“It was amazing actually,” said Alam about the reaction that the children had when they saw themselves in his mural. “They were very happy.”

Tipu Alam, The Astoria Project, located at 4-03 Astoria Boulevard, Astoria Houses, Queens. Photo by Paul Katcher.

Alam, an immigrant from Bangladesh, chose Astoria as his site after living in the neighborhood for four years and having his work displayed in a local art gallery for two years. He is no stranger to the art of mural painting and has dotted various restaurants across Queens and The Bronx with their own extensive murals. 

Both artists say that the program was also a big financial help during the pandemic, and believe that they were fairly compensated for their work. They pointed out that fair compensation is rare in their line of work. 

“Everybody walked away, just feeling appreciated as an artist,” said Bencosme. “But also fulfilled that they were able to give back to their own communities.”

Flooding upgrades at NYCHA properties

The New York City Housing Authority (NYCHA) has announced a new joint program with the Department of Environmental Protection (DEP) to improve drainage systems and reduce flooding at housing developments throughout the city.
Costing $29 million in total, the new projects are aimed at bringing climate resiliency to a number of vulnerable NYCHA properties, particularly those that are close to the water or other high-risk flooding locations.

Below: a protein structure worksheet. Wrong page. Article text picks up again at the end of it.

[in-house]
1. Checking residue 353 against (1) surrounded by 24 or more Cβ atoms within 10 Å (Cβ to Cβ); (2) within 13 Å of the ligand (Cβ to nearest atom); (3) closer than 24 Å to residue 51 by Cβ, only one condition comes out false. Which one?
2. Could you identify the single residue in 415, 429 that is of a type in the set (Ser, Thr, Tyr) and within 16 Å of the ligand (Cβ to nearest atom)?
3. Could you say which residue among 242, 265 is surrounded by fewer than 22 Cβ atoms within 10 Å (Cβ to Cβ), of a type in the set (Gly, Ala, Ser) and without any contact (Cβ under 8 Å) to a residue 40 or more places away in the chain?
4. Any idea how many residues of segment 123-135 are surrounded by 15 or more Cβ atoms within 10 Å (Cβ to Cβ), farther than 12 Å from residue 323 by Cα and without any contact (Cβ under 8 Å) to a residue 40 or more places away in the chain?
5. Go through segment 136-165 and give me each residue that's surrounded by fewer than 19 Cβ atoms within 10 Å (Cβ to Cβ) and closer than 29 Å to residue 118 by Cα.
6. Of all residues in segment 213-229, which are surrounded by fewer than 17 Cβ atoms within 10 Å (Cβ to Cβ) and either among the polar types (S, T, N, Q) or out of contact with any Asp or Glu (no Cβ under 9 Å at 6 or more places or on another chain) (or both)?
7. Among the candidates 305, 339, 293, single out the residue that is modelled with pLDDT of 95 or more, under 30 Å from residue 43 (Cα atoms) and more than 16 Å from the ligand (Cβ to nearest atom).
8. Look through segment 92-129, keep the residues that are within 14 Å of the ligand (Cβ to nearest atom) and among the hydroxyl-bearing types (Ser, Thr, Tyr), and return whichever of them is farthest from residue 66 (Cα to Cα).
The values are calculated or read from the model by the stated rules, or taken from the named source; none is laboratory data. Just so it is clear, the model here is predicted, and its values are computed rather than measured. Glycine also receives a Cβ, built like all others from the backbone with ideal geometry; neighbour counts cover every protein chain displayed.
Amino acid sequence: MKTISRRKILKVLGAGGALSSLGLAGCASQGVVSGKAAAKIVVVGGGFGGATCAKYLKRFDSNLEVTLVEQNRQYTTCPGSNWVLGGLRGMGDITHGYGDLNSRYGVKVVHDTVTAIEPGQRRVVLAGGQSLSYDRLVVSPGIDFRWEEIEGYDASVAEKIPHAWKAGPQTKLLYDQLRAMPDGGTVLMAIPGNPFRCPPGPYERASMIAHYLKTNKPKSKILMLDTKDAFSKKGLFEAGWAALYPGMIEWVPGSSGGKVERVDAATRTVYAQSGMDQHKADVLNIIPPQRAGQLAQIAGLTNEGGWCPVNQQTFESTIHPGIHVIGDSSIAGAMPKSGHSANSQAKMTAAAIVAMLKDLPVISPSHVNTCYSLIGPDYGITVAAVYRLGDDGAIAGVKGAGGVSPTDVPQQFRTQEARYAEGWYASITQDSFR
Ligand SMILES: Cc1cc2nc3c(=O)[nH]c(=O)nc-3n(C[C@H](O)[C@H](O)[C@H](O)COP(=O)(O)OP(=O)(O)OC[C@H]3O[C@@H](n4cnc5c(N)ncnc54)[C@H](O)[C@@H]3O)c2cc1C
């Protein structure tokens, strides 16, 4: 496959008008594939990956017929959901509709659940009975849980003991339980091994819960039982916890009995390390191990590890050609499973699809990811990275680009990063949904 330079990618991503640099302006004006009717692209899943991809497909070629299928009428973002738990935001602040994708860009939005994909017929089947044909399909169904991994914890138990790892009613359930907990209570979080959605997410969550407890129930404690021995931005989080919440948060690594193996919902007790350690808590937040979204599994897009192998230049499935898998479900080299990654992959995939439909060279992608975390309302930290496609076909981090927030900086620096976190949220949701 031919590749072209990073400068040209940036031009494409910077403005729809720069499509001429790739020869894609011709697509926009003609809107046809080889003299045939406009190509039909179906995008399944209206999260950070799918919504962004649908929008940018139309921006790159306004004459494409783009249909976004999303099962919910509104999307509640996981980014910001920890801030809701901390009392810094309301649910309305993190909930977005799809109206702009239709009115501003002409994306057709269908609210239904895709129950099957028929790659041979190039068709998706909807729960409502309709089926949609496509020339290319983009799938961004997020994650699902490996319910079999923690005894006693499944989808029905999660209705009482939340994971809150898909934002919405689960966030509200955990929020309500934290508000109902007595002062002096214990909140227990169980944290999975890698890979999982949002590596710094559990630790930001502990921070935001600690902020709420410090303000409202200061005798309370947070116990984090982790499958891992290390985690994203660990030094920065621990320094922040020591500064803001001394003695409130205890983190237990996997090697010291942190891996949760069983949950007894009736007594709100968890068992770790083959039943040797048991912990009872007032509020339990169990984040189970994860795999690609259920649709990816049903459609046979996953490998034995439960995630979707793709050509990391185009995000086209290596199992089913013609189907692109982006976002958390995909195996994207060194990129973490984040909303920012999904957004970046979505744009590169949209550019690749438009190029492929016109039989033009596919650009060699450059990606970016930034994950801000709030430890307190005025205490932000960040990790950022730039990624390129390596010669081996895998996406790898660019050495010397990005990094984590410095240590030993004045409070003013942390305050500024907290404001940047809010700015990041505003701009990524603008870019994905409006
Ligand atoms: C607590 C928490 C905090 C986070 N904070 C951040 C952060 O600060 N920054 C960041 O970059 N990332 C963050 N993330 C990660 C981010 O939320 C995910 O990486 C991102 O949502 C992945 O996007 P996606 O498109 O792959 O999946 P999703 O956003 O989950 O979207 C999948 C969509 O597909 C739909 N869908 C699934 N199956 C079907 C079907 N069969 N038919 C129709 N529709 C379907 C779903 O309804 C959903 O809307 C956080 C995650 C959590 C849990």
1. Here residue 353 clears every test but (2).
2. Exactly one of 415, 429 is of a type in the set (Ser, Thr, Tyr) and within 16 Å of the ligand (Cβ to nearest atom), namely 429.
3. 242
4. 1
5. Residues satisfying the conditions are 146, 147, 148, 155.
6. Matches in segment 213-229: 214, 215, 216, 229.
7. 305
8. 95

“Funding these ongoing upgrades at NYCHA properties will improve the quality of life for residents while also reducing neighborhood flooding and any sewer overflow into local waterways,” said DEP commissioner Vincent Sapienza.
Work is set to begin immediately at a number of locations in Brooklyn, including Gowanus Houses, Boulevard Houses, Linden Houses, and Van Dyke Houses. Other locations throughout the borough are set to receive upgrades by the end of next year, including Kingsborough Houses and Seth Low Houses.
Typically, NYCHA is responsible for drainage at each of its properties. However, DEP saw the opportunity to capture significant stormwater across the portfolio of NYCHA properties, which would ease pressure on neighborhood sewers and reduce overflows into local waterways.
DEP engineers survey the sites and green infrastructure installations are designed to meet the specific needs. That could include permeable concrete sidewalks, subsurface infiltration chambers, and rain gardens, keeping water from entering the sewer system, where it could lead to flooding.
“Infrastructure needs don’t discriminate based on agency purview, and I hope the city continues to build on these types of partnerships as we work to tackle the growing challenges of climate change and water management,” said Borough President Eric Adams.